In my experience, the way this works with food is when you’re first trying to learn how to roast a chicken, you do it for yourself (or close family and/or roommates who basically have the choice to eat what you cook or to not eat anything at all), and you make note of what you would do differently the next time you try to roast that chicken. Next time, I’ll cook it longer or shorter or with more salt or to a different temperature or whatever. A lot of my recipes have notes I’ve added for next time. Then the next time, you make different adjustments; repeat, make different adjustments; and before you know it, you can roast a chicken confidently enough to invite over guests for a dinner party. Also, the trial and error approach to following a recipe for chicken helps informs other recipes and foods so you can serve those guests some mashed potatoes and green beans with that chicken, maybe even a little gravy.
Both writing and cooking involve skills and practices which build on each other and that then allow you to both improve on those basic skills and also to develop more advanced skills and practices. It was not easy for me to truss a chicken the first time I did it; now it’s no big deal. Writing a good short summary of a piece of an article and incorporating that into a short critique is very hard for a lot of first year writing students. But keep practicing it becomes second nature. I routinely have students in my first year writing class who gasp when I tell them the first essay assignment should be around five pages because they never wrote anything that long in high school. By the end of the semester, it’s no big deal.
Finally, there are limits to teaching and not everyone can succeed at becoming a “great” writer or cook. Never say never of course, but I do not think there is much chance my cooking or recipes will ever be compared to the likes of Julia Childs or Thomas Keller, nor do I think my writing is going to be assigned reading for generations to come. I don’t like words like “gifted” or “genius” because people aren’t better at things because of something magical. But for the top 1% of writers/cooks/athletes/actors/etc., there is something. At the same time, it’s also extremely clear that the top 1% of writers/cooks/whatever get to that level through hard work and obsession. It’s a feedback loop.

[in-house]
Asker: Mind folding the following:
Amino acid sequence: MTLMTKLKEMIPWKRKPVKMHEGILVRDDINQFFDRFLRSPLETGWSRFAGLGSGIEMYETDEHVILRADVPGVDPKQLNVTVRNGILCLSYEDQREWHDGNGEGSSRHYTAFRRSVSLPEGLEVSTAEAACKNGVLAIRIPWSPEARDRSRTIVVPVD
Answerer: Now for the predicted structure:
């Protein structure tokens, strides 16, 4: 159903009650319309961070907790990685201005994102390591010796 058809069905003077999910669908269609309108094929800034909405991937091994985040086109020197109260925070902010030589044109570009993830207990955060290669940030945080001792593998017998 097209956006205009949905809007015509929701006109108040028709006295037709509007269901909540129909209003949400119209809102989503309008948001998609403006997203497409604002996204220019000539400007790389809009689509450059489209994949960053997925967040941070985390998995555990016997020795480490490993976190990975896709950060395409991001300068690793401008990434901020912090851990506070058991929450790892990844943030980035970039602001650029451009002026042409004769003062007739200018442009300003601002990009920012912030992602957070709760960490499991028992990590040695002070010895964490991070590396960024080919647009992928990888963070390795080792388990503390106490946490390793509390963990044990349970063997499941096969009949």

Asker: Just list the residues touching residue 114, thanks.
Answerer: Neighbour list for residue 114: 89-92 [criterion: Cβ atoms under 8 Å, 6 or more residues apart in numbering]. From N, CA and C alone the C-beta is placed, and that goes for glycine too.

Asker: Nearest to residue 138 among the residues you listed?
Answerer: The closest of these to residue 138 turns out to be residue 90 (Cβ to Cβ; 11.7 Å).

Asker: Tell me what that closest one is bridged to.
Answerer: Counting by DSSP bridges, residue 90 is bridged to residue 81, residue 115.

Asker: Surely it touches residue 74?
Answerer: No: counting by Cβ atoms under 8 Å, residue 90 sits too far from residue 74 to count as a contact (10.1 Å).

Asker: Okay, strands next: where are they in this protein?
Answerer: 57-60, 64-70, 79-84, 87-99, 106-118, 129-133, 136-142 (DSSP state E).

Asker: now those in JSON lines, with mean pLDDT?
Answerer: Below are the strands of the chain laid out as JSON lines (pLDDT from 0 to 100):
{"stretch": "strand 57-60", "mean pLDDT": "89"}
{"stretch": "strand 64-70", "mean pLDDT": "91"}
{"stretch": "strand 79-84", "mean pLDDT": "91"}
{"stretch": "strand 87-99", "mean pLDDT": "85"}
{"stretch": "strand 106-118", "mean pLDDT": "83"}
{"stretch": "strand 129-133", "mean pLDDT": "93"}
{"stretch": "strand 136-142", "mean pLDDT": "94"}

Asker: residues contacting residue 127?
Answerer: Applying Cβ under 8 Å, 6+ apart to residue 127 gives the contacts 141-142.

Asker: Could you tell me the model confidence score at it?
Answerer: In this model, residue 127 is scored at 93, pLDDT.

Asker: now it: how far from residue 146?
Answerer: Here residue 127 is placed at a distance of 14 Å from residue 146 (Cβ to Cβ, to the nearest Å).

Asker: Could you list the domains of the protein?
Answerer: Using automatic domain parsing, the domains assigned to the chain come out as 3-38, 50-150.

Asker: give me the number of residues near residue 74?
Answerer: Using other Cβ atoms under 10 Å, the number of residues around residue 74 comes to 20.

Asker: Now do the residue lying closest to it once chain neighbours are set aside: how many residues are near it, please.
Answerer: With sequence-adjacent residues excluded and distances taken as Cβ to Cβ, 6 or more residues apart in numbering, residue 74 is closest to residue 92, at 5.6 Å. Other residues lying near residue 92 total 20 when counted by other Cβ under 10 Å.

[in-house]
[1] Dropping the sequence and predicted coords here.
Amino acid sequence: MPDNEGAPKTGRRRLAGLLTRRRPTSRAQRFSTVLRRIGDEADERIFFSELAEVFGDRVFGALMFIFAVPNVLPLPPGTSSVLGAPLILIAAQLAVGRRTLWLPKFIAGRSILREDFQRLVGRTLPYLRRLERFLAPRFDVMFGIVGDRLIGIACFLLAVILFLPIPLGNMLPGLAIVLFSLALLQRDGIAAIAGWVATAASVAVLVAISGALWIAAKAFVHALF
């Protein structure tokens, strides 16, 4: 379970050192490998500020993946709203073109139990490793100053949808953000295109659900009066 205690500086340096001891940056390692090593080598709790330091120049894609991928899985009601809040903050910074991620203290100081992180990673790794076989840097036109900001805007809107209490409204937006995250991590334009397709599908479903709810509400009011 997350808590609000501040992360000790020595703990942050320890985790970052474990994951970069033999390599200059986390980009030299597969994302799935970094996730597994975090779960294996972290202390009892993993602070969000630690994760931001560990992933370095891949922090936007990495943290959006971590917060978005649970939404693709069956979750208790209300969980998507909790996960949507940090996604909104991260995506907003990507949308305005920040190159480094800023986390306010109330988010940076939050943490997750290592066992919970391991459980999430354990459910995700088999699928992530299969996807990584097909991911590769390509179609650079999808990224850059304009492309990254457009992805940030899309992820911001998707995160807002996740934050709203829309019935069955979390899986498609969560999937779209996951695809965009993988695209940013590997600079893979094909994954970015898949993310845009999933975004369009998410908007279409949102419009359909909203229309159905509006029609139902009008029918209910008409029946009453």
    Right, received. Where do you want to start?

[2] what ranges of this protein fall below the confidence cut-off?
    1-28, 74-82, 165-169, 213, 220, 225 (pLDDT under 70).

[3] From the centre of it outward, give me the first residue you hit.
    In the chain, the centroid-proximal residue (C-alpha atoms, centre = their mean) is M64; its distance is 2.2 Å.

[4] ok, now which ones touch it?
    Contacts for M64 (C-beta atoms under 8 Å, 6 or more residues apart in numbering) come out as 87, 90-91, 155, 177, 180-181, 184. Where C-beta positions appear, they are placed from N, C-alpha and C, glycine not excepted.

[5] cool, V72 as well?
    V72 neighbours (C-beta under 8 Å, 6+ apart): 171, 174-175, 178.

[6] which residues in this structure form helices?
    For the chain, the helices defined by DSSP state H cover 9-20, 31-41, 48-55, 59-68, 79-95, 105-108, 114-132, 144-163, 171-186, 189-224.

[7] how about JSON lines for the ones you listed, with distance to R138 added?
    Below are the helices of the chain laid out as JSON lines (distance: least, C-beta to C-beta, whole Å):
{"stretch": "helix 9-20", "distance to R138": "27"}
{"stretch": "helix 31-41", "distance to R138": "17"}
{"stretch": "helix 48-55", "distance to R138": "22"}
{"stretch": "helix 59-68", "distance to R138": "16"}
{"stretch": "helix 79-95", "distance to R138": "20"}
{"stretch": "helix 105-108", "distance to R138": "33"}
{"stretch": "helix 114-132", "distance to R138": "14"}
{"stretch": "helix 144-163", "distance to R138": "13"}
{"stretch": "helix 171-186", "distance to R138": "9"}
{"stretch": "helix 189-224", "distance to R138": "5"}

So for example: it’d be silly to describe myself as a “gifted” writer, but I am good at it and I have always had a knack for it. I’ve been praised for my writing since I was in grade school (though I did fail handwriting, but that’s another story) and it isn’t surprising to me that I’ve ended up in this profession and I’m still writing. That praise and reward motivates me to continue to like writing and to work to improve at it. I spend a lot of time revising and changing and obsessing and otherwise fiddling around with things I write (I have revised this post about a dozen or more times since I started it a week ago).
In any event, even if I have some kind of “gift,” it ends up being just one part of a chicken vs. egg argument. Being praised for being a good writer motivates me to write more; writing more improves my writing and earns me praise as I get better. A knack alone is not enough for anything, including writing or cooking.
Oh, and for what it’s worth: I thought that recipe was just okay. I liked the idea of the rotisserie-like spice rub and I can see doing that again, maybe putting it on a few hours or the day before. But cooking at 300 degrees (instead of starting it at say 425 and then dropping it back to 350 after about 20 minutes) meant not a while lot of browning and kind of rubbery skin.